Your child should be actively involved in developing their Career Action Plan. You can support them by showing interest, asking questions and helping them explore opportunities.
For more information, see Career Action Plans
The Job Guide is written and produced for secondary school students. This resource includes information on more than 500 occupations, contact details for training providers and job search information and advice. The Job Guide is available online. It’s a great place to learn about the skills and abilities needed for different occupations and the available training.
For more information, see: Job Guide
myfuture is Australia’s comprehensive online resource that you can use to:
- talk to your child about careers
- find how their interests and abilities can lead to a job
- discover what they are really good at and explore their interests, skills and occupations
- help your child choose courses and training options
- help your child explore their options through interactive activities, such as Mini Career Explorer.
For more information, see: myfuture
myfuture has a new Assist Your Child feature for parents that gives you advice on how to:
- talk to them about careers
- help your child with courses and training
- explore interests, skills and occupations
- help with work experience and job applications.
For more information, see: Assist Others
Career Bullseye posters
These posters help young people see how the subjects they study at school link to jobs, and indicate the level of education and training required. Occupation profiles include information such as duties and tasks, related courses, earnings and vacancies.
For more information, see: Career Bullseyes
Victorian Skills Gateway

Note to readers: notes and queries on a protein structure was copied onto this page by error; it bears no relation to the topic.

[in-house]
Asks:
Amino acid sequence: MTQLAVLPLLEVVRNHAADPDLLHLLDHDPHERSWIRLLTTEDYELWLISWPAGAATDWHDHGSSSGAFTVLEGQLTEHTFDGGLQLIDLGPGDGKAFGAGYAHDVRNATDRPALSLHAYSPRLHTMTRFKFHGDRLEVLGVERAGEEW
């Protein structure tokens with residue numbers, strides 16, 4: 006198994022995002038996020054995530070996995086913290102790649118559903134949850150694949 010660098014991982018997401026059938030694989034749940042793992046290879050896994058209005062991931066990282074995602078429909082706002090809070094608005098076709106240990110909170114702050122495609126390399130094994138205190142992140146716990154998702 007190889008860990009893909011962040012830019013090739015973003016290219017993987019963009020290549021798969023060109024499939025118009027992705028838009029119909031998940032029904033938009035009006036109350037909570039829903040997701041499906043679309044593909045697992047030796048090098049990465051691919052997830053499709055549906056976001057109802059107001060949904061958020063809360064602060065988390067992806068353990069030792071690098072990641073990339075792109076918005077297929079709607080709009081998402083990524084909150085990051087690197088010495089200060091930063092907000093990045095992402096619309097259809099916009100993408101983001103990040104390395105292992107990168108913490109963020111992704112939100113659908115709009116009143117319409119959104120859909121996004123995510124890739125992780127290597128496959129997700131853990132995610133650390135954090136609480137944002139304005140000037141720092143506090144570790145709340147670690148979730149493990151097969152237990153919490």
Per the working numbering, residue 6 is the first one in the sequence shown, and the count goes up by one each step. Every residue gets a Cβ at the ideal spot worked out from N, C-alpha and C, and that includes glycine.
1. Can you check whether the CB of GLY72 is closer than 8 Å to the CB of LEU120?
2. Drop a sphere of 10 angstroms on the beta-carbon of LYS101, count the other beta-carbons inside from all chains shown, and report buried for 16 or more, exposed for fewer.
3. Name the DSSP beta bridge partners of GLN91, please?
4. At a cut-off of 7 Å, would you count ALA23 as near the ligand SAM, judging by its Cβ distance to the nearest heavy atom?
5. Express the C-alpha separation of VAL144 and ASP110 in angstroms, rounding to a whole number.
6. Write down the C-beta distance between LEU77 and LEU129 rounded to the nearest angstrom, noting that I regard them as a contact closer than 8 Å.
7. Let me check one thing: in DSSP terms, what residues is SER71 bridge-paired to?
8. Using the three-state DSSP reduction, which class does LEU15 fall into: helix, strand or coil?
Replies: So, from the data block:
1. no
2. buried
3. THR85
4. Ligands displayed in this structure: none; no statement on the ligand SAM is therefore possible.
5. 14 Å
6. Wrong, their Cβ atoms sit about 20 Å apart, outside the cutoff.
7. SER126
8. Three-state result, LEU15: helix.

The Victorian Skills Gateway is a one-stop shop for Victorian vocational education and training. It includes information about apprenticeships, traineeships and courses at Registered Training Organisations, including TAFE, Learn Local and private training providers. You can search for information about occupations, courses, training providers, video and written case studies.
The Victorian Skills Gateway includes a parents’ toolkit, which gives you information and advice on helping your child choose a career path.
For more information, see: Victorian Skills Gateway parent toolkit
Youth Central is a Victorian government online initiative for young Victorians, from 12 to 25 years of age, with information and advice about jobs, study, travel, money and events.
For more information, see: Youth Central
Victorian Tertiary Admissions Centre (VTAC)
The VTAC website provides information on applying for university or Vocational Education and Training (VET) courses in Victoria. This is a useful resource for learning about selection requirements for university, TAFE and Independent Colleges including prerequisite studies, selection criteria, special access schemes, scholarships, and information on the ATAR and how it is calculated. VTAC provides a resource for Year 10 students called VICTER (Victorian Tertiary Entrance Requirements) that outlines prerequisites for different courses.
For more information, see: Victorian Tertiary Admissions Centre
Where to Now?
Where to Now? is a guide for students on the options available to them in Year 11 and 12. This guide provides information about VCE and VCE VET studies, the VCAL and School Based Apprenticeships and Traineeships, and features the success stories of students who have completed their post-compulsory schooling.
For more information, see: Where to Now?
The Study Assist website provides information to parents and students about Australian government assistance for financing tertiary study.
For more information, see: Study Assist